5

After using a yubikey on a day-to-day basis for almost a year, I decided that it was about time to learn how to certify my friends' keys.

I was surprised to learn that one can only sign keys using their master key since it would mean that I would have to import said private key onto my computer every time I want to sign a key, which seems to be a large security risk in comparison to using a yubikey's subkey smartcard features.

What is the best way to securely sign keys when your master key is typically in (air-gapped) cold storage?

Is it possible to certify keys with a subkey?
I don't know how, but I believe I did this last month (I have the signed key on my desktop, generated last month but I haven't touched my master key in over a year), although the SE question linked above is making me question myself.

Just to review, here's an overview of my setup, which I assume is pretty standard:

  • master (private) key in cold storage (encrypted)
  • yubikey allows for easy gpg operations while not permitting direct access to the private (sub)keys

I plan to signs on a roughly monthly basis and while I prefer convenience, for me security is more important.

Here are some ideas I have:

  • dedicate a raspberry pi (or something similar) to key signing
  • tinker with low-level PGP settings to try to get a subkey with the certify ability
  • generate another pgp keyset specifically for certifying keys and sign that key with my existing master keys. I already have two master keys (each for a different yubikey) so a third might be a bit of a hassle
  • use the weaker (2048 bit) of my two master keys for certifying keys, keeping it encrypted but on my computer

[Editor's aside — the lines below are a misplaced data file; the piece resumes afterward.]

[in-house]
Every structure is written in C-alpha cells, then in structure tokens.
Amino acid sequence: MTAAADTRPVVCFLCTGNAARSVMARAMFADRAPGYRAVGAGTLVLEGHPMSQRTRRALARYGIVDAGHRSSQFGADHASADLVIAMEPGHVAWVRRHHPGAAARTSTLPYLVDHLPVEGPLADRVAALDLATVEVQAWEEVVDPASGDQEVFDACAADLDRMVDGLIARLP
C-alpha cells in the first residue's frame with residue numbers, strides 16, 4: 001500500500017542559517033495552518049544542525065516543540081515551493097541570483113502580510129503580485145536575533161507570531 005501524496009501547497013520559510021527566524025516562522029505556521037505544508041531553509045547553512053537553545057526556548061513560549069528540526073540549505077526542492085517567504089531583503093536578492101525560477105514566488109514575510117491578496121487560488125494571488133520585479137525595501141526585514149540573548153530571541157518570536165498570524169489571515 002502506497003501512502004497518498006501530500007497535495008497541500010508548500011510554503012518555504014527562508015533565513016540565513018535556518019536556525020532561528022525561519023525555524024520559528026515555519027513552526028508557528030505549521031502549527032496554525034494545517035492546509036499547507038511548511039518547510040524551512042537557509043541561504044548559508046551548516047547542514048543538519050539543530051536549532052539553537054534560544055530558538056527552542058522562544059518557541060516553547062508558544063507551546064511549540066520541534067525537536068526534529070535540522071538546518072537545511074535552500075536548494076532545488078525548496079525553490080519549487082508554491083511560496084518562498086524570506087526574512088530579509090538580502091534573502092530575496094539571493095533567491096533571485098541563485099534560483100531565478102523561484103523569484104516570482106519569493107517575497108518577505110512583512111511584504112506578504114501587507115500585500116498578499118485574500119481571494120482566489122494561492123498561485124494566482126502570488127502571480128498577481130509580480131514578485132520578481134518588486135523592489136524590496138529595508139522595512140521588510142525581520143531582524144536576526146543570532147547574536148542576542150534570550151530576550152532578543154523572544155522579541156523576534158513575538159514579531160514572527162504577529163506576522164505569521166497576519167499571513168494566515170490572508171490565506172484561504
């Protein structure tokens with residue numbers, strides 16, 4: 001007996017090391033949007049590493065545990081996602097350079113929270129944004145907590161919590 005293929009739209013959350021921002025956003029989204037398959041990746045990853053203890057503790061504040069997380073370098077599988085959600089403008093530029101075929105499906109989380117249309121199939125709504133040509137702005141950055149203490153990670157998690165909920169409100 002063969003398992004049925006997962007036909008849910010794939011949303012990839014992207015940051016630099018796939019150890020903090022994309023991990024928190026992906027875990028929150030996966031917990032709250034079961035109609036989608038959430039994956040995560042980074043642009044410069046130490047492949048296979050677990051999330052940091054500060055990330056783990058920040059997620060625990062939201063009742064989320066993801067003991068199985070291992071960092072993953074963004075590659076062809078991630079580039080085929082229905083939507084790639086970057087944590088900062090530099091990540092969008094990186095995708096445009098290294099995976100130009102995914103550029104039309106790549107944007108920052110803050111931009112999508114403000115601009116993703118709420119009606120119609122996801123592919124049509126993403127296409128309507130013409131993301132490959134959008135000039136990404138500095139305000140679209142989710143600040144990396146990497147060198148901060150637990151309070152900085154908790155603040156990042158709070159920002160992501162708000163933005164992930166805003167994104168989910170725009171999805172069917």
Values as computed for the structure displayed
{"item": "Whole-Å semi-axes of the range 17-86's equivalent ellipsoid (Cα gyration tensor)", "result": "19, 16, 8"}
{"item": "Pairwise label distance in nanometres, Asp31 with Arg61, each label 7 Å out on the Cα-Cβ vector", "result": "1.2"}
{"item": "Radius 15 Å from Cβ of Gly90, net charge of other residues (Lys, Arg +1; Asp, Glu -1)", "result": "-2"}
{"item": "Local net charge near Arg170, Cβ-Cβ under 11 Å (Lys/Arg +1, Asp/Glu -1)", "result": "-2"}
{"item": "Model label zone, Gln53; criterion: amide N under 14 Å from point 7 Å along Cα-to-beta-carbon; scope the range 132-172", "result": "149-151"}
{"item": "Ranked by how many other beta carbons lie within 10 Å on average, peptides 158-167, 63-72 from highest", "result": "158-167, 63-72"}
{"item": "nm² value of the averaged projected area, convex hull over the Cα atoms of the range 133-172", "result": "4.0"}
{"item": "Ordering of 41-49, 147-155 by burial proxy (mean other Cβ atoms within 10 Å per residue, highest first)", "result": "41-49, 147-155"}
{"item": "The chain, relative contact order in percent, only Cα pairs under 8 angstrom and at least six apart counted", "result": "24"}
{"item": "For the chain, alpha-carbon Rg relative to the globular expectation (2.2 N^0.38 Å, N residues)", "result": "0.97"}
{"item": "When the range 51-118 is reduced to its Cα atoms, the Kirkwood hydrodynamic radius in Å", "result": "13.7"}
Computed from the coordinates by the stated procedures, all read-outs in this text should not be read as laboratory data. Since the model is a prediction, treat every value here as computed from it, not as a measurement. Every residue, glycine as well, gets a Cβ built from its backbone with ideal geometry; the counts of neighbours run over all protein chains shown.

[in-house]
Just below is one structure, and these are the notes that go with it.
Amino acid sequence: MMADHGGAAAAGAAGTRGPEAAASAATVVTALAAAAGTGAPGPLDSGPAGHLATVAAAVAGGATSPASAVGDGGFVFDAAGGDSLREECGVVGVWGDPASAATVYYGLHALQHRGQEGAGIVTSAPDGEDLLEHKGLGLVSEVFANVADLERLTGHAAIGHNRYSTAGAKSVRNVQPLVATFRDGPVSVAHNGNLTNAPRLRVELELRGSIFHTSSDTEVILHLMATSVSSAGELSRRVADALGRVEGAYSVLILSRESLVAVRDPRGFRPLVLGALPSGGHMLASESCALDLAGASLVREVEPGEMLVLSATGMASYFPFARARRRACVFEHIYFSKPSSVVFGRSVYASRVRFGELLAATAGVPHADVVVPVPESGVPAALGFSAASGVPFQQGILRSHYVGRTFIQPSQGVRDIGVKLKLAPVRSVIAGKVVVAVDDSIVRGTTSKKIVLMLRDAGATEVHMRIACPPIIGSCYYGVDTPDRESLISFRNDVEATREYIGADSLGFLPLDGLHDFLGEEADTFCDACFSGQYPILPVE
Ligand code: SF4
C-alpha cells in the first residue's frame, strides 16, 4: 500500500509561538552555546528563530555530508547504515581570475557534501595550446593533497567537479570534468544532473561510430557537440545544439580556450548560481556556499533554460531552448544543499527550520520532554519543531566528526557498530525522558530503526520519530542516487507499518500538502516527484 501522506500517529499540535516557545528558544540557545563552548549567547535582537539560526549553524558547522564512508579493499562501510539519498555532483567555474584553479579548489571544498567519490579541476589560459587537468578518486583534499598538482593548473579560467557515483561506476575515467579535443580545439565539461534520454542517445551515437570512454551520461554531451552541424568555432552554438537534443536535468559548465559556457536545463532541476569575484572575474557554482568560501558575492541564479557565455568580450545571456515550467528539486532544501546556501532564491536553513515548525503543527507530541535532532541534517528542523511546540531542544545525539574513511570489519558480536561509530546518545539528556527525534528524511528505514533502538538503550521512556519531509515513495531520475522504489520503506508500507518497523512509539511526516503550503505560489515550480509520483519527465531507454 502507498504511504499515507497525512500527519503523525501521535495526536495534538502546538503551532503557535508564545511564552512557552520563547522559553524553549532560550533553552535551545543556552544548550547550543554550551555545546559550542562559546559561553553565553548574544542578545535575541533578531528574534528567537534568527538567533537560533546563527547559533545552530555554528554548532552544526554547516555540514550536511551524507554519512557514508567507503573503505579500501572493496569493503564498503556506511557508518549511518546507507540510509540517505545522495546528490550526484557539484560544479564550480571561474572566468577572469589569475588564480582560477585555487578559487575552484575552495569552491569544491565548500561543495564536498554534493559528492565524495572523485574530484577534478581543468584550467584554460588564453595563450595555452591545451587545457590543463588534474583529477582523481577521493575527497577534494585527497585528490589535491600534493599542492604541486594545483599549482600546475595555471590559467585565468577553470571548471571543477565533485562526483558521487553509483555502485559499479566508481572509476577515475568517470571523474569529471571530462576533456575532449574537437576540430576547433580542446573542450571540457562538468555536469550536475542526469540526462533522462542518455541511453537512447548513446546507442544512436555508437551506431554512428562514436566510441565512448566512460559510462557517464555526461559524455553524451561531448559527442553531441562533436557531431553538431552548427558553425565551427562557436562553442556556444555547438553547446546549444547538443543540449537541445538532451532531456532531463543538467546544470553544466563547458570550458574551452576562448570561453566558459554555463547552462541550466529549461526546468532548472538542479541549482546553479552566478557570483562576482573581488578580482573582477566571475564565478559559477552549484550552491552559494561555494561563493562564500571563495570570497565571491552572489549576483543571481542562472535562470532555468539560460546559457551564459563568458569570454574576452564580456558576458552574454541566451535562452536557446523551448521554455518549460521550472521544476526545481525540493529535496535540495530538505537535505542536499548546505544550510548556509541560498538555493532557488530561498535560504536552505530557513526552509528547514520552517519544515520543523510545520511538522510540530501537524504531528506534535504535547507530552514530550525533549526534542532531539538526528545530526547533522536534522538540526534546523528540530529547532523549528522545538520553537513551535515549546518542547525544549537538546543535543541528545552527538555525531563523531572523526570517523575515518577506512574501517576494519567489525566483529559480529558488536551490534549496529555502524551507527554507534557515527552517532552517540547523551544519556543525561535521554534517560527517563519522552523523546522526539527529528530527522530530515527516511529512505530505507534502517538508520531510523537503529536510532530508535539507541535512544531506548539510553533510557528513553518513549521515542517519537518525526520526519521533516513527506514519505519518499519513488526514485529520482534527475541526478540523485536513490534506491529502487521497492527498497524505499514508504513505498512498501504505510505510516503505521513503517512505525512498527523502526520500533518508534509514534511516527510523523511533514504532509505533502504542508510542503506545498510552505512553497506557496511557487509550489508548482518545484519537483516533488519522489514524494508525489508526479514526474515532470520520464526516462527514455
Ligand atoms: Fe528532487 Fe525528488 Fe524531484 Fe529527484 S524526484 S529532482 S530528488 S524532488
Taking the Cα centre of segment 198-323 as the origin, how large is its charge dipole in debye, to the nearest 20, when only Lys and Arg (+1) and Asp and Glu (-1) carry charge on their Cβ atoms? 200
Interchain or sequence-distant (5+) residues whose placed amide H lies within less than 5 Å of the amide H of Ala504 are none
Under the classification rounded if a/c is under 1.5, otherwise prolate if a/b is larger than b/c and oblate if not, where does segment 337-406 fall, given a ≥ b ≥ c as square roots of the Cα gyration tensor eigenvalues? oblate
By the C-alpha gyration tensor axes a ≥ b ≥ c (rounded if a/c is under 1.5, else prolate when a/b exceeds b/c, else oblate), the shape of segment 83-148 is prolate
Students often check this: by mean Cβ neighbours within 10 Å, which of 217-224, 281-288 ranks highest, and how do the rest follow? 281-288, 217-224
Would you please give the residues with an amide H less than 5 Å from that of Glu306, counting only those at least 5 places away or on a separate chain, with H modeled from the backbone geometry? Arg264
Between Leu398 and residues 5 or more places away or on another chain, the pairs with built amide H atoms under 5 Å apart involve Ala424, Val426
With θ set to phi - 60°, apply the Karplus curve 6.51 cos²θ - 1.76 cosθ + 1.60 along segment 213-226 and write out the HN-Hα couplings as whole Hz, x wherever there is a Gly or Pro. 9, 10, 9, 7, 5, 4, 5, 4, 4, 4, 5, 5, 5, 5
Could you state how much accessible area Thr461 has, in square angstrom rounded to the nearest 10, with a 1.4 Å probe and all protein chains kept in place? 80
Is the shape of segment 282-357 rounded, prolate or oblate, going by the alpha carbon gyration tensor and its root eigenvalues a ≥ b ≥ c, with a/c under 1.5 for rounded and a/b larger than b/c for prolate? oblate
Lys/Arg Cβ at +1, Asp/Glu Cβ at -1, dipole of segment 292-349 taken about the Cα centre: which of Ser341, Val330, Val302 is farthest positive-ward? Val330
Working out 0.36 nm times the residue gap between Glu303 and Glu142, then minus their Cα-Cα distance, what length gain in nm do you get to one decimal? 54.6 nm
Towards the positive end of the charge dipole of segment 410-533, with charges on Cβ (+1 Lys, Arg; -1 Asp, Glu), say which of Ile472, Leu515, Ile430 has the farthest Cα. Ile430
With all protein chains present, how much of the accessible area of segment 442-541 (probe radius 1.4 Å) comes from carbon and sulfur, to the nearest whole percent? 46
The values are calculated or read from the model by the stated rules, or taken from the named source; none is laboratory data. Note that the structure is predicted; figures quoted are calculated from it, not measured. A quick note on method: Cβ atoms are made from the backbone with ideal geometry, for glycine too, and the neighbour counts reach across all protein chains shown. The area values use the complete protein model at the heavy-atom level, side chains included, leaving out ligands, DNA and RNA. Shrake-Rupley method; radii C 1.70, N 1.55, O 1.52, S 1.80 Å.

2

I think it's first of all important to understand that in GnuPG "subkeys" are just sets of fully independent keys that have capabilities assigned to them: a signing key is artificially limited to be only be able to do signing operations. The certification key is just as much of a subkey as the signing key -- there's really nothing that makes it extra special. We only call it the "master" key by convention, and it is often confusing to people (e.g. in the physical world a "master" key is able to unlock all locks, so many users expect their GnuPG "master" key to be able to decrypt messages encrypted to the "E" subkey). The certification (C) key is just another key that can indicate relationship between your identities and other keys belonging to you. Understanding that lets you better understand why the answer to the following question is "you do it already, with your 'C' subkey":

Is it possible to certify keys with a subkey?

So, can you put your "C" subkey onto the smartcard? Yes, I believe 2.1+ versions of GnuPG make it fairly easy to put your C key into the "S" slot of the smartcard. With some extra tweaking, you can even have your keys on multiple smartcards, though you may run into corner cases with weird behaviour.

Having a dedicated off-the-network system for certifying keys is common practice, though few people go through the trouble of setting it up. All the mechanisms you mention are fine for that purpose, and I'll let you pick the one that suits you best.

Your Answer

By clicking “Post Your Answer”, you agree to our terms of service, privacy policy and cookie policy

Not the answer you're looking for? Browse other questions tagged or ask your own question.